Discuss male power in Morrison's The Bluest Eye. What is the dominant power in the society within The Bluest Eye?

Expert Answers info

Lorna Stowers eNotes educator | Certified Educator

calendarEducator since 2011

write4,625 answers

starTop subjects are Literature, Social Sciences, and History

There are a few examples of male power throughout Toni Morrison's The Bluest Eye.

First, Pecola's brother, Samuel, is able to run away from their family violence because he is a boy. Pecola, on the other hand, is unable to do the same thing.

Another example of male power is Cholly's rape of his own daughter, Pecola. Not only does this illustrate man's physical power over a woman, but it also illustrates the patriarchal power over the family. Girls should not go against their fathers, even when they (the fathers) are deeply wrong. Although Cholly does flee after raping his daughter, this event...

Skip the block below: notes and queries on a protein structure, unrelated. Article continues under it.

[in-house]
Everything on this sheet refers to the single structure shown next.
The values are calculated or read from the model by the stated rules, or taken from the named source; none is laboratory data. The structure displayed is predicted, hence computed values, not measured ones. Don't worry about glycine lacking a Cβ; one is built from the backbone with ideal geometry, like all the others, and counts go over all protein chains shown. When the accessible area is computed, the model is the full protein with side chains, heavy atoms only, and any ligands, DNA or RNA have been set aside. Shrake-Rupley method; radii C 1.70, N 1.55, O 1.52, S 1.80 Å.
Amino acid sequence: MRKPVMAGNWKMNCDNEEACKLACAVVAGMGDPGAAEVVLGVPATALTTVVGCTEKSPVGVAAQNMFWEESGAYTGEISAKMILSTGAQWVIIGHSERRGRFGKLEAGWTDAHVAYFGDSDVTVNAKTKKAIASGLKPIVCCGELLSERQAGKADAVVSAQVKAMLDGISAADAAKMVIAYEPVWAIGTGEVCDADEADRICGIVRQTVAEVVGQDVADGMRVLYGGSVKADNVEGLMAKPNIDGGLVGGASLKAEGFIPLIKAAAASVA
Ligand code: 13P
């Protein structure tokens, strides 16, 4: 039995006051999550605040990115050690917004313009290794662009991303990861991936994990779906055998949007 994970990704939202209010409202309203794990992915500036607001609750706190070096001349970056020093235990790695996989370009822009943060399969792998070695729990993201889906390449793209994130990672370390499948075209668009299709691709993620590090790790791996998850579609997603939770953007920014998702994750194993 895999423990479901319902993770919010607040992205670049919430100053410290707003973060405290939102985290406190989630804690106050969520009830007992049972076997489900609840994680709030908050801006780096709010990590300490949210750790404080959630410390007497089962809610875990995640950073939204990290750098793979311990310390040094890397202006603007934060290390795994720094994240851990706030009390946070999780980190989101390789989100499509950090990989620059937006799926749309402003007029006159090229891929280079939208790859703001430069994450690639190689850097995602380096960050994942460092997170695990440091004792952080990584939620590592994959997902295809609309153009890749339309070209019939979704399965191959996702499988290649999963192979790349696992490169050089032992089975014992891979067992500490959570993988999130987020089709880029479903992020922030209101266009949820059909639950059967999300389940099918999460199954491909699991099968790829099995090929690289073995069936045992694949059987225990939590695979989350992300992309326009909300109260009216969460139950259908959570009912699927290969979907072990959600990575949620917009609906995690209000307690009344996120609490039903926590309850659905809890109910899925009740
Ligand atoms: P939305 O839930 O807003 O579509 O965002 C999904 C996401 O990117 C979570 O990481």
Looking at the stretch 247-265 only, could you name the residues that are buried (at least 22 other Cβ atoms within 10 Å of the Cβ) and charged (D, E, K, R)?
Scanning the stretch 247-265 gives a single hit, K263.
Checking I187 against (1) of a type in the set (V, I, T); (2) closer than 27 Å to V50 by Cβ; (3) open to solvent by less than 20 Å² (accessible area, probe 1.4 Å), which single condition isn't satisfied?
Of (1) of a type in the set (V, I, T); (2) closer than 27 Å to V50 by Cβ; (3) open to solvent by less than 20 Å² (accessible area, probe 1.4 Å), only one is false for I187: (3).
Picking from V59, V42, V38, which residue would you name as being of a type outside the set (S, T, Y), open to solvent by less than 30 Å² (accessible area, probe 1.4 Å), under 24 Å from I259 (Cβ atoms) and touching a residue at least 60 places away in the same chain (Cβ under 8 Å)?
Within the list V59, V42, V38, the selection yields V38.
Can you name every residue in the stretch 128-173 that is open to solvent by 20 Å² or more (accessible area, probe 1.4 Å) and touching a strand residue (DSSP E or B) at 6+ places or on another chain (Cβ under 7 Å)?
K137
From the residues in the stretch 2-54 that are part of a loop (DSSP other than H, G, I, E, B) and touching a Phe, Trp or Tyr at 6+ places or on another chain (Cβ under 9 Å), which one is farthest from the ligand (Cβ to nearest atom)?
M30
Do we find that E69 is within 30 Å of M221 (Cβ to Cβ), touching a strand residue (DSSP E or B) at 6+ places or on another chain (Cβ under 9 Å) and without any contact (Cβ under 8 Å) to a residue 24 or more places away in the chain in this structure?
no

(The entire section contains 2 answers and 531 words.)

Unlock This Answer Now


check Approved by eNotes Editorial

MaudlinStreet eNotes educator | Certified Educator

calendarEducator since 2009

write858 answers

starTop subjects are Literature, Social Sciences, and History

check Approved by eNotes Editorial


mkcapen1 | Student

In Toni Morrison's book "The Bluest Eye" the black females are controlled by the white males ideals of what is considered beautiful.  Pecola has a terrible image of herself.  She is dark skinned and considers herself to be ugly.  Her self esteem is lowered by her ideal that in order to be beautiful she needs to be white. 

The black males in Pecola's life have not been a positive influence.  Her father rapes her and abuses her.  He has power over her life, her body, and this has a negative effect on her self-esteem as well.  She is a victim. 

check Approved by eNotes Editorial